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Learning from Sheopur Fort, Madhya Pradesh, India – The Challenges and the Approach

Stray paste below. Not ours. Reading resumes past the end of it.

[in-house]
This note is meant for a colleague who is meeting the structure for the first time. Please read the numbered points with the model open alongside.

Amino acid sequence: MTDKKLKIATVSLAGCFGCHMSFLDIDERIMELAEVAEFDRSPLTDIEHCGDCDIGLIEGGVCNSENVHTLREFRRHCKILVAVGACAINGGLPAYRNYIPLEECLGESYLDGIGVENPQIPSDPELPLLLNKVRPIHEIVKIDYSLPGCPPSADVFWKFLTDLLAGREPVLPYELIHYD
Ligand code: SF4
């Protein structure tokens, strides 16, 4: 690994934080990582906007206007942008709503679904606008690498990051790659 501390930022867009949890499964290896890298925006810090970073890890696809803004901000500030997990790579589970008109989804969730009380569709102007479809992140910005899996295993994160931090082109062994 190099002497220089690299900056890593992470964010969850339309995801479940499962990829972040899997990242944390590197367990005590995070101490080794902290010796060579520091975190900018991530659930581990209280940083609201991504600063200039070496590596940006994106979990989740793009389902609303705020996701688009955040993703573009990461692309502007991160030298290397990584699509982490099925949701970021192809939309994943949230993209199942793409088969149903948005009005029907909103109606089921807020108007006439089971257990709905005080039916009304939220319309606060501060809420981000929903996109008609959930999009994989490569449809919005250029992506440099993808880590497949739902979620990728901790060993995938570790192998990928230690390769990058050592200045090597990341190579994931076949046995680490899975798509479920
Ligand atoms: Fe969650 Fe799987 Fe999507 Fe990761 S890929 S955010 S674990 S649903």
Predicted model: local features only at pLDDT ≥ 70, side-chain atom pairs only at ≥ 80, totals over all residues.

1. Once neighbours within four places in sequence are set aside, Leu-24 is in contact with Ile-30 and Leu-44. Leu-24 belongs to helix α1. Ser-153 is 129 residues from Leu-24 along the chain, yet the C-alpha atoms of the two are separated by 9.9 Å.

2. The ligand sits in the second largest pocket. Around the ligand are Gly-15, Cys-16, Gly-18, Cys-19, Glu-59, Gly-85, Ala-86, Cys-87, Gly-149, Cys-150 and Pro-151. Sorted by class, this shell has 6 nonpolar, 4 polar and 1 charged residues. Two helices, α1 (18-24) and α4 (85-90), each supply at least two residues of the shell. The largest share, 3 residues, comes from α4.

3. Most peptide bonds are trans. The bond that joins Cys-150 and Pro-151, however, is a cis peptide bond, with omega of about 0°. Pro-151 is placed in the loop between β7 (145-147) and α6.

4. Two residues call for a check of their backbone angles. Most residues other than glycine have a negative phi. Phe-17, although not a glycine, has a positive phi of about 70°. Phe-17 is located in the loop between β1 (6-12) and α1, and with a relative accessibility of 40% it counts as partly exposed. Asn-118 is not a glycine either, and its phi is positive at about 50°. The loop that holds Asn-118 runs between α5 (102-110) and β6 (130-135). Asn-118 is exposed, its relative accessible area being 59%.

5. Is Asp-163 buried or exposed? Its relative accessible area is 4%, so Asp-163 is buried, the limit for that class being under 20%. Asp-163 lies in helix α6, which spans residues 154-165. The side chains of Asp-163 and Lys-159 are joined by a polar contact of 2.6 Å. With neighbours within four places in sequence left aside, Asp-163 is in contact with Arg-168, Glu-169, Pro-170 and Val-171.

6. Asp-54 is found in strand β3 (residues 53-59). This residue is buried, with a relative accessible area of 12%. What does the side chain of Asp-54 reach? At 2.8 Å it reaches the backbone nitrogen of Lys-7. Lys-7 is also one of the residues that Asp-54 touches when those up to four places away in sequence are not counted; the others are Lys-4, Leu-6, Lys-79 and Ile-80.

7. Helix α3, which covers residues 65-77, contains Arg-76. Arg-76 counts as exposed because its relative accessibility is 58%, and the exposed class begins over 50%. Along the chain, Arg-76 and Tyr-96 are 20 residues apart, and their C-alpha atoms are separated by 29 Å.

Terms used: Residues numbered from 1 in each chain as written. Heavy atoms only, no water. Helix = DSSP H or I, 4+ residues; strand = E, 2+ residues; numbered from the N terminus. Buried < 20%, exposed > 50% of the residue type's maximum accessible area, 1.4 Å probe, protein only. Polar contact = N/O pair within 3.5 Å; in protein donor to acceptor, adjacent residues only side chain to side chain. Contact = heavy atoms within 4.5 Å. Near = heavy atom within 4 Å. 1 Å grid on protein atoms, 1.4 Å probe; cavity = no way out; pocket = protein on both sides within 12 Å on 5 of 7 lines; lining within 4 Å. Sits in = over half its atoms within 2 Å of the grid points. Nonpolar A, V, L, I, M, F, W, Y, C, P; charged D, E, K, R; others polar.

Sheopur Fort, located in Sheopur town in the northern part of Madhya Pradesh, is an important element of the local history of the region. The fort was built at the highest altitude, on a mud hillock adjacent to River Seep. Two separate fortified enclosures define the character of the fort. Forming the public realm is the outer fortification, which covers an approximate area of 120 acres, and houses the settlement. This fortification wall is studded with strong bastions, merlon shaped parapets, and beautiful gateways. The inner fortification comprises the palatial, recreational, and landscaped spaces—this is considered the private realm since these spaces were restricted to the rulers of the fort. A moat running along the periphery of the outer fortification provides another layer of defense. Most parts of the moat are now dried and covered with land used for cultivation. River Seep, on the south of the fort, was a feeder to this moat. The varied architectural styles of the fort complex depict the different sensibilities and styles of the various rulers from the sixteenth to twentieth century. While charbagh, opposite the Narsingh Mahal, illustrates the regional adaptation of Mughal landscape, the jharokhas and bangaldaar roofs at Gujari Mahal reflect Rajput architecture. Regionally adapted Diwan-e-Aam and Darbar Hall, through the intricate lattice work on the jharokhas, reveal the architectural flavor of the Scindias of Gwalior. Darbar Hall currently houses a museum showcasing the rich culture and lifestyle of the Sahariya community, a primitive tribe of the region. The fort is located on a mud mound and faces serious threat with many areas of the fortification showing structural distress. The fort complex has been subjected to neglect and misuse, which has accelerated the decay. Moti Mahal, built on the southern side of the fort complex on the edge of the hillock, is one example of this case. During the condition assessment survey of the structures, historic water channels and drains were identified which were clogged and redundant. This has resulted in soil subsidence and the subsequent partial collapse of the structure. Thus, our priority is to rectify the historic drainage channels along with other necessary consolidation work. The recommended intervention is to carefully dismantle Moti Mahal and a detailed methodology has been devised. This intervention will be helpful in maintaining the integrity of the fort complex and extend the longevity of the monument. WMF has partnered with the government of Madhya Pradesh’s Department of Culture to develop a sustainable management program for continued conservation and maintenance of the state’s heritage sites.